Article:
By Joe Coleman, Contributing Blogger
Just because the warmer weather has passed doesn’t mean you have to stay inside until spring! If you’re someone who wants to be outside in all four seasons, there are lots of parks and forests throughout the US you can visit. As a bonus, you won’t have to compete with the crowds you’d find in the peak months of the summer.
Why dispersed camping?
People enjoy dispersed camping because you can enjoy the best of nature for free (or very cheap). Oftentimes, you may have it all to yourself. You can disperse camp in any US National Forest or Grassland as long as you follow protocols and leave no trace. Many dispersed campers will also stay on Bureau of Land Management (BLM) land.
If you choose to disperse camp, you want to make sure you have all the necessary gear beforehand as you’ll be relying on yourself. Though it isn’t required, a high clearance vehicle with a four-wheel-drive system is often beneficial, especially if you want to go further off road.
Where to Go
1. Coronado National Forest
Low Temperatures: 48-51 degrees
High Temperatures: 66-72 degrees
Located near Tucson, Arizona, Coronado National Forest embodies the best of Southern Arizona. Just north of the border, this is a unique and less-visited stop. The main draw to this forest is the variety of trails. The desert lowlands area is popular during the winter. If you’re willing to brave colder weather, you can head to the higher elevations and pine forests.
2. Sam Houston National Forest
Low Temperatures: 40-50 degrees
High Temperatures: 57-70 degrees
It’s safe to say that summer weather in the Houston area is unpleasant at best. Wintertime, however, sings a much different tune. The stars at night are truly big and bright, as the song goes, and there’s no better place to see them than the Lone Star Hiking Trail. This 129-mile trail is arguably the most popular long trail in Texas and a delight for thru-hikers. Sam Houston has several lakes to relax by if you want something less strenuous. It’s also a popular spot for small off-road vehicles and bike trails.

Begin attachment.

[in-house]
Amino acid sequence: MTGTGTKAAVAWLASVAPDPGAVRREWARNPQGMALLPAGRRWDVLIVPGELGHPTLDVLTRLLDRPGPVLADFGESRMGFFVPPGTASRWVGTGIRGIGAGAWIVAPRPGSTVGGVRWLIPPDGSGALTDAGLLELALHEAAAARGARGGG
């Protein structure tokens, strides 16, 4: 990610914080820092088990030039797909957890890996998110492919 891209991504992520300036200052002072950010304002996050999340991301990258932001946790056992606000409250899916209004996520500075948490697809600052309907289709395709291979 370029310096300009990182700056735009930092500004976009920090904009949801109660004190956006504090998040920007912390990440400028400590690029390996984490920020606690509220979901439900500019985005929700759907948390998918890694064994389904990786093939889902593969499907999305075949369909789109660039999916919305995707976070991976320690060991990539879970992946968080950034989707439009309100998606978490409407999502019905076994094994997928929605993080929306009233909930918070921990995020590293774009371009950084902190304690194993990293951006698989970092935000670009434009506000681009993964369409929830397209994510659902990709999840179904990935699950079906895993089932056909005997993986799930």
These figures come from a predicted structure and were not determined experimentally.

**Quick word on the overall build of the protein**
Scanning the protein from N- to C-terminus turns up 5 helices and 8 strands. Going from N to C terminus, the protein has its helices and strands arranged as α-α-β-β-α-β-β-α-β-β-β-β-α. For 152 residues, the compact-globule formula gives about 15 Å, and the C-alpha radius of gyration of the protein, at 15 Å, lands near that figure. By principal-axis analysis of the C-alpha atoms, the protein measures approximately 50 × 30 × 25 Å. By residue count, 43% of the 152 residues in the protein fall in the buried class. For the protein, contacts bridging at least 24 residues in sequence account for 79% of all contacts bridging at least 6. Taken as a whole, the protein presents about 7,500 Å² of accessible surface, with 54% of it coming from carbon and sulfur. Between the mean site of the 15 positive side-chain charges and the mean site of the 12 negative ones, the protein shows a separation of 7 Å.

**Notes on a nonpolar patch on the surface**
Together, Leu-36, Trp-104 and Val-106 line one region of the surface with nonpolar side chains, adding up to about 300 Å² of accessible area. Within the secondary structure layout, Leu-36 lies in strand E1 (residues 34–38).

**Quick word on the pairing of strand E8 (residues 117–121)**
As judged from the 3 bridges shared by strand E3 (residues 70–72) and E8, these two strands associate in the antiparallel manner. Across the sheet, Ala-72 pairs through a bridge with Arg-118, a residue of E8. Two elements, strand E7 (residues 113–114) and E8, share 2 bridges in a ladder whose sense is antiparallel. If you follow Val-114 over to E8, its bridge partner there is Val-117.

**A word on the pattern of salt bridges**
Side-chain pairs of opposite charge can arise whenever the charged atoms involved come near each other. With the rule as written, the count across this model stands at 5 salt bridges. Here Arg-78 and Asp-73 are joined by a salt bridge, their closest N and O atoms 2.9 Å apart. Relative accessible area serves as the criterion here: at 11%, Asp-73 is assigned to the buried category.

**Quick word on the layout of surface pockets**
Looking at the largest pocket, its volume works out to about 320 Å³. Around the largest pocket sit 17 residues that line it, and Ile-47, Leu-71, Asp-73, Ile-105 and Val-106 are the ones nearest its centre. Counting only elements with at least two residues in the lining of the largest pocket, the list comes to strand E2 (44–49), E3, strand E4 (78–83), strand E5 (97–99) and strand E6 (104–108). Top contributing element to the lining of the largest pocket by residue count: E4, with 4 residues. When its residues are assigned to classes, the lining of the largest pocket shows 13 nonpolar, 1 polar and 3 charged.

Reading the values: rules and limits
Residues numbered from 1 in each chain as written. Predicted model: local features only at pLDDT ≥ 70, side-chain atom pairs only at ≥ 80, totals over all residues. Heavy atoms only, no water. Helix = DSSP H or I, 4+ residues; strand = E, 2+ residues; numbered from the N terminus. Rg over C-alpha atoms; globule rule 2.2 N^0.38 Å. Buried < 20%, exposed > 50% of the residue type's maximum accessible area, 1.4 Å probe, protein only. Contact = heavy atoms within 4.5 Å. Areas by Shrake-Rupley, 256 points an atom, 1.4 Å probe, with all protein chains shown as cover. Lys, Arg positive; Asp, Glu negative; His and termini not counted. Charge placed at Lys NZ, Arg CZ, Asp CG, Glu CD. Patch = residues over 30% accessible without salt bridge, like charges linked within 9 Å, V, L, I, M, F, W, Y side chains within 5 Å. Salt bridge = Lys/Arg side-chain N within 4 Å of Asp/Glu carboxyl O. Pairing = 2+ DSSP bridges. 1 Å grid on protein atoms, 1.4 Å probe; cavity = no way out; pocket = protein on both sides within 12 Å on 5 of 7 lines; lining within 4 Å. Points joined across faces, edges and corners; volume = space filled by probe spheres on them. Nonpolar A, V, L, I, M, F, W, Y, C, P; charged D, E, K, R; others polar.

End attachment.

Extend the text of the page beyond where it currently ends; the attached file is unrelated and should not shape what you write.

If you’re looking for an established dispersed spot, the Lake Niederhoffer Campsite requires just a mile-long walk to camp lakeside. Note that you’re required to camp in a park-run campground during deer season (October to mid-January).
3. Death Valley National Park
Low Temperatures: 40-55 degrees
High Temperatures: 65-80 degrees
You don’t want to spend too much time here in the summer, but winter tends to be quite pleasant. At lower elevations, you can see winter wildflowers starting in mid-February. While wildflower season is always a prediction, you can get updated information here.
The only downside here is that winter is the peak season for Death Valley. If you’re interested in seeing the largest park in the Lower 48, though, winter is the only bearable time to do so. If you take the Badwater Basin Crossing hike, you’ll be able to visit the lowest point in North America! You can opt to reserve a campground in the park (it gets busy) or camp just outside of it.
4. Valley of Fire State Park
Low Temperatures: 30-42 degrees
High Temperatures: 59-74 degrees
Valley of Fire is a criminally underrated Nevada state park. It sees about 250,000 visitors a year. For reference, that’s roughly the number of people that visit Yosemite in April alone. Luckily, you can enjoy what so many miss out on.
Visiting Valley of Fire is like journeying to another planet. With desert colors and otherworldly rock formations, you may forget where you are. Elephant Rock and Balance Rock are some of the more popular formations, while the Fire Wave Trail is the big draw. The park has affordable camping options, but 63% of Nevada is BLM land, and camping is easy to find.
5. Gila National Forest
Low Temperatures: 24-31 degrees
High Temperatures: 56-66 degrees
Gila has easily the coldest lows on this list, though the daytime is pleasant. However, there’s one unique thing about Gila Nation Forest that makes it all worth it: Cosmic Campground. Recognized as the first International Dark Sky Sanctuary in North America, there is no better place to get a 360-degree view of the night sky. There are a few rules and tips to make the most of your stay, but the site is free and first-come, first served. During the daytime, Gila National Forest is great for day hikes, and the Gila River is the main attraction for most people.